In addition, mechanical thrombectomy (MT) was successfully performed, with a complete recanalization (TICI 3) 154 minutes after symptom onset. There were no acute complications and patient was transferred to our Stroke Unit. However, 24 hours control CT demonstrated a medium-sized ischemic lesion in the left MCA area, with parenchymal hemorrhage (1,3 x 2,1 x 1,1 cm, with ECASS2 classification PH2) located in the infarcted area. At this point, she still had severe hemiparesis and she was mute, NIHSS 24.
Control CTs during the following weeks showed hematoma resorption, but after 90 days she was still bedridden, and was admitted to a long-term nursing home (mRS 5). Anticoagulation was not considered safe to restart and she was not fit enough for left atrial appendage closure.
As we all know, management of acute ischemic stroke caused by a large vessel occlusion with MT has been proven efficient and safe. However, real-world data on outcomes of MT in the elderly is scarce. A recent MR Clean registry-based study by Groot and colleagues showed that older age was associated with an increased absolute risk of poor outcome compared to younger patients (adjusted OR for a mRS score shift toward better outcome 0.31, 95% CI 0.24-0.39).1 Elderly patients had also higher mortality, 51% vs 22%, aOR 3.12, 95% CI 2.04-5.10). However, with successful reperfusion, these patients still seemed to have a relative benefit from MT. This topic was further discussed by doctors Sposato and Lorenzano in their editorial.2 As they mention, the age distribution of population is getting older in developed countries and individuals older than 80 years are the ones with the highest risk of ischemic stroke. However, these patients are underrepresented in trials and their outcome in real world practice may be worse than in trials, despite the similar rates of reperfusion and symptomatic ICH1,2
In 2018, a systematic review and meta-analysis including 17 studies on 860 elderly patients treated with MT showed that up to 27% of these patients had a good functional outcome at 3 months, defined as mRS 2 or less.3 The incidence of symptomatic ICH was 8% (vs incidence of any ICH 24%) and 34% of patients were dead at 3 months. After this analysis, similar results have been reported elsewhere. Sharobeam and colleagues analyzed 649 patients aged ≥80 years and showed good recovery also in 30% patients, with mortality rate of 26% at 3 months.4 Even more recent study focusing on patients older than 90 years of age also reported good functional outcome (here defined as mRS ≤3) in 22%, symptomatic ICH in 3%, and mortality in 49% of all 203 included patients at 3 months5.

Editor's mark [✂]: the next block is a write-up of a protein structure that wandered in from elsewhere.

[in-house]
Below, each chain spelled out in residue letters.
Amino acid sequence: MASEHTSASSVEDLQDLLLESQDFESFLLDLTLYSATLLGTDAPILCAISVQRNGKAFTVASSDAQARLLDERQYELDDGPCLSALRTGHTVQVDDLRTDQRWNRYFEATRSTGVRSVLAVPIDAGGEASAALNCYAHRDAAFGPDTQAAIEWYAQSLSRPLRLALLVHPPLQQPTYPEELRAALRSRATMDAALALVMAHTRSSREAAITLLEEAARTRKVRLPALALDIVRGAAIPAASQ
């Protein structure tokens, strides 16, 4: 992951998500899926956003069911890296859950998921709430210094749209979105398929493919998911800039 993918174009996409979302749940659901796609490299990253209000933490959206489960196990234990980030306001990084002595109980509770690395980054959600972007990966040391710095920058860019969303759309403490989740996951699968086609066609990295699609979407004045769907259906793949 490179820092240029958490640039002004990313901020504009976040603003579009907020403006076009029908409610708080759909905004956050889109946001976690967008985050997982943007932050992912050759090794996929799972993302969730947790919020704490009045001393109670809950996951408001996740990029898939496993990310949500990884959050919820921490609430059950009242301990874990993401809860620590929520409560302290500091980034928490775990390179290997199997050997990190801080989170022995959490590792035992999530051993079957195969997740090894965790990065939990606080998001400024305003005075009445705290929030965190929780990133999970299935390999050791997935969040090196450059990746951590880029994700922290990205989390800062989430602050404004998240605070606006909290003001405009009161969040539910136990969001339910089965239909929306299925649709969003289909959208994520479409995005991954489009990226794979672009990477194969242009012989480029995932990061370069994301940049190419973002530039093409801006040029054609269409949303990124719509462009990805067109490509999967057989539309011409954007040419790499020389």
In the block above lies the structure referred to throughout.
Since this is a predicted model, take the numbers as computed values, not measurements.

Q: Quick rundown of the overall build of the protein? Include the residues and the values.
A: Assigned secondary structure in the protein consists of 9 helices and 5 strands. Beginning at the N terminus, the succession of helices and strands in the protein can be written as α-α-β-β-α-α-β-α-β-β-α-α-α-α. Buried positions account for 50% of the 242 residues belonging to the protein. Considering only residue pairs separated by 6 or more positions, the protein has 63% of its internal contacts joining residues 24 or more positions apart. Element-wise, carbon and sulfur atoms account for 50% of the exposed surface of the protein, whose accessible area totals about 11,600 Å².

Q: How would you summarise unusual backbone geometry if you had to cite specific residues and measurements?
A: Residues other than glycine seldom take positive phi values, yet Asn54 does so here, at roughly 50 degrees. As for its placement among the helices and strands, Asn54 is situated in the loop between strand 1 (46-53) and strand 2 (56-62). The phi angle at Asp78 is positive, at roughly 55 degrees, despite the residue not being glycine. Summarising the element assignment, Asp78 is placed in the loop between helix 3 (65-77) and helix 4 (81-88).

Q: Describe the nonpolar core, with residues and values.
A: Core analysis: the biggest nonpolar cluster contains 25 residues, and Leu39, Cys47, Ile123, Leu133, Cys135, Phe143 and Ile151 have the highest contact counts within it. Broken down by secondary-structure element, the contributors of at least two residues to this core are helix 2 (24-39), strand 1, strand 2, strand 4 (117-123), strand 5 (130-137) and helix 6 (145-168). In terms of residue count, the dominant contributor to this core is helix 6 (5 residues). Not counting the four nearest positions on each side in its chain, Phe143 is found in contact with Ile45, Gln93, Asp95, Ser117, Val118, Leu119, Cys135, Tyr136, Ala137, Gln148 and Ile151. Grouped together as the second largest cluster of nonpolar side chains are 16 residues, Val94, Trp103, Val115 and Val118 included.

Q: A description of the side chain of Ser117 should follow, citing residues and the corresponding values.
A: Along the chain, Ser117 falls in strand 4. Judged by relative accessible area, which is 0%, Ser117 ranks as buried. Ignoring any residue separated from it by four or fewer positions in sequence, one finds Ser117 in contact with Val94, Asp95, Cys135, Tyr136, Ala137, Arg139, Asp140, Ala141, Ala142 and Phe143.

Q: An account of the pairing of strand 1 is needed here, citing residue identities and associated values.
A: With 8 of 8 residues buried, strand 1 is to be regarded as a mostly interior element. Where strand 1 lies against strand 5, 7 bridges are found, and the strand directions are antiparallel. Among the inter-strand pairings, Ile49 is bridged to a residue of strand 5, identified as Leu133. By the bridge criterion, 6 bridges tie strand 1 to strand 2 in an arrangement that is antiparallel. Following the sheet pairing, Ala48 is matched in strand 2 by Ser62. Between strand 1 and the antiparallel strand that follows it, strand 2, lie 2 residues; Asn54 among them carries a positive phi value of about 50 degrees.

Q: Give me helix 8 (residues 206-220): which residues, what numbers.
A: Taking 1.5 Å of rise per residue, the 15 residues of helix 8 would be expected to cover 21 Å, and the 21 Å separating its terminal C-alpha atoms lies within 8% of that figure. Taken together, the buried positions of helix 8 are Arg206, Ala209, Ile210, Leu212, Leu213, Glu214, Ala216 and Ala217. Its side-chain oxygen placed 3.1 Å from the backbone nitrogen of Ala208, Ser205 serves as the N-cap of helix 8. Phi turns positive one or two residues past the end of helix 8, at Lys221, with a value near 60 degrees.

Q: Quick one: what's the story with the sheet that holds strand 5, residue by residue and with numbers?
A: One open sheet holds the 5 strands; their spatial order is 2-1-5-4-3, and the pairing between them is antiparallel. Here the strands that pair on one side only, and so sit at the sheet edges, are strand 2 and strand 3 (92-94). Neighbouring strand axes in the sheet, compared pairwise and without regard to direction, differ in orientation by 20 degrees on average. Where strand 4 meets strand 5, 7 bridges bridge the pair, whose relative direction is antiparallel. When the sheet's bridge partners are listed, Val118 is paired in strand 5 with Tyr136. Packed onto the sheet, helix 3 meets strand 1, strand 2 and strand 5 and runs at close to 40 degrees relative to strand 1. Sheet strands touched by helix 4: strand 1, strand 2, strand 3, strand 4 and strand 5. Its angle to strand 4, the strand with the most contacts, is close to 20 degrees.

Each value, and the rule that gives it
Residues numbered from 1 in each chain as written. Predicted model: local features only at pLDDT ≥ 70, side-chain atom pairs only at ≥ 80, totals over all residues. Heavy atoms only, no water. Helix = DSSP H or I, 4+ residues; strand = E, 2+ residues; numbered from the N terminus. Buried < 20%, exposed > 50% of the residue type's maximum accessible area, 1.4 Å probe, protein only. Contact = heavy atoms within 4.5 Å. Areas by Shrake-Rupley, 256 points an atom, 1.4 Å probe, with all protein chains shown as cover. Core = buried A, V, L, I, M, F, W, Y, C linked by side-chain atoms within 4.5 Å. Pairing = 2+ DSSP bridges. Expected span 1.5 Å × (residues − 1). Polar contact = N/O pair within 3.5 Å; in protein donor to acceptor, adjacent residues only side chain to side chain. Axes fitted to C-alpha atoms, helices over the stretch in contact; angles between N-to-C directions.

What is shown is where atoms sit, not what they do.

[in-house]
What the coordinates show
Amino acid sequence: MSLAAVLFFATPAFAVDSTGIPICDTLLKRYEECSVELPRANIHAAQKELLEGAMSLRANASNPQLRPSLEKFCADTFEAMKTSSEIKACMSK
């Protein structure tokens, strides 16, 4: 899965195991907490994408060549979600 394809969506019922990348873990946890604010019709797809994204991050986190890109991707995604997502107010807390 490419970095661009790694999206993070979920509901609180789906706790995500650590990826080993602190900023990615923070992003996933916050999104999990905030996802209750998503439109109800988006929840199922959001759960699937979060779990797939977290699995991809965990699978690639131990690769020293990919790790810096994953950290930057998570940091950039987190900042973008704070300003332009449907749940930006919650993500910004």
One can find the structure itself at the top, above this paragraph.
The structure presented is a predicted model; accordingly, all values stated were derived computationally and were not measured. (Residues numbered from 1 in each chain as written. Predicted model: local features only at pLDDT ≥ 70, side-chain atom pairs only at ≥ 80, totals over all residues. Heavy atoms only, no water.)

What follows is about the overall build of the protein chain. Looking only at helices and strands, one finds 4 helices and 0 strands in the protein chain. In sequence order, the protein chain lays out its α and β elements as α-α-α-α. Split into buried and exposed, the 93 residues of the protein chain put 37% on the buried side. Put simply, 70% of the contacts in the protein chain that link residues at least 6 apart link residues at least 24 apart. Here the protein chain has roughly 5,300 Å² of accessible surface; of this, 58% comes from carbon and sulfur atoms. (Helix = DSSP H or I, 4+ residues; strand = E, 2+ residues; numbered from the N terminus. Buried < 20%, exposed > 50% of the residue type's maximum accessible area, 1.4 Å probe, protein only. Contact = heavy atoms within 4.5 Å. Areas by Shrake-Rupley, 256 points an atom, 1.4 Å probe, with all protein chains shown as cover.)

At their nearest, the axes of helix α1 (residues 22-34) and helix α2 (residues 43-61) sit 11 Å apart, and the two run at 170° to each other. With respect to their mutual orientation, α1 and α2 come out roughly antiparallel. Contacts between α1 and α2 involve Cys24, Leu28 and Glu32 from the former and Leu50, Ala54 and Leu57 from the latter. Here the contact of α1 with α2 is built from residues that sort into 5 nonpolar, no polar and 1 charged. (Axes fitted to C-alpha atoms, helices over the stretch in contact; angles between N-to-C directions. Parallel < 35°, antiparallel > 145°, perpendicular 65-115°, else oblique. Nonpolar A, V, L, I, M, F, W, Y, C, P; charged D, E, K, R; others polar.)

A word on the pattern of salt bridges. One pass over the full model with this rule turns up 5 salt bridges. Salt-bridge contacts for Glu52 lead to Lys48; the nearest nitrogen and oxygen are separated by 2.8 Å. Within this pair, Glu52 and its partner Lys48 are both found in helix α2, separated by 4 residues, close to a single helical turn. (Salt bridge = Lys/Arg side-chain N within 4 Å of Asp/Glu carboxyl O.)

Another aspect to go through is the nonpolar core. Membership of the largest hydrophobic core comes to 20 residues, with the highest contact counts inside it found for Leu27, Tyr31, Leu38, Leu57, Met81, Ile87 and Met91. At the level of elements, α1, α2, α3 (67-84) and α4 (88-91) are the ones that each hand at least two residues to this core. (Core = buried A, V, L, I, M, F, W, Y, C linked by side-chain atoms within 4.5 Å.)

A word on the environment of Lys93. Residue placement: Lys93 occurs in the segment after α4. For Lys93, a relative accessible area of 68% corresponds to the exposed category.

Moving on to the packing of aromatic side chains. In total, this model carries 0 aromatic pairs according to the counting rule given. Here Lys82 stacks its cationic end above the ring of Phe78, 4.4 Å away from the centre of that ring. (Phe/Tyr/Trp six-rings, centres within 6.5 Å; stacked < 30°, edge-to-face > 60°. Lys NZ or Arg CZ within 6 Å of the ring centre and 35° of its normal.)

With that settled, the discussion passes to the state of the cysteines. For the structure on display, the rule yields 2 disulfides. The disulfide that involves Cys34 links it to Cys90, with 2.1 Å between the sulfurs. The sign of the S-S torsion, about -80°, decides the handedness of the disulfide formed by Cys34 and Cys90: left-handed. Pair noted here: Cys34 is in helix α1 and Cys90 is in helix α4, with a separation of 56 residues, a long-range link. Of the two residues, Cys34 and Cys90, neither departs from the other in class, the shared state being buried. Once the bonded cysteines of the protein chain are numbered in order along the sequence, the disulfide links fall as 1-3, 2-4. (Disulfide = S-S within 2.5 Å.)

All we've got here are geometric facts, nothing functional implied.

In conclusion, although elderly patients may have higher mortality and less frequently favorable outcome compared to younger patients, age is not a contraindication for MT. More data on octogenarians are still needed to verify these findings.
- Groot AE, Treurniet KM, Jansen IGH, et al. Endovascular treatment in older adults with acute ischemic stroke in the MR CLEAN Registry. Neurology. 2020;95(2):e131-e139.
- Sposato LA, Lorenzano S. Real-world data for mechanical thrombectomy in the elderly population: A red flag? Neurology. 2020;95(2):57-58.
- Hilditch CA, Nicholson P, Murad MH, et al. Endovascular Management of Acute Stroke in the Elderly: A Systematic Review and Meta-Analysis. AJNR Am J Neuroradiol. 2018;39(5):887-891.
- Sharobeam A, Cordato DJ, Manning N, Cheung A, Wenderoth J, Cappelen-Smith C. Functional Outcomes at 90 Days in Octogenarians Undergoing Thrombectomy for Acute Ischemic Stroke: A Prospective Cohort Study and Meta-Analysis. Front Neurol. 2019;10:254. Published 2019 Mar 20.
- Meyer L, Alexandrou M, Flottmann F, et al. Endovascular Treatment of Very Elderly Patients Aged ≥90 With Acute Ischemic Stroke. J Am Heart Assoc. 2020;9(5):e014447.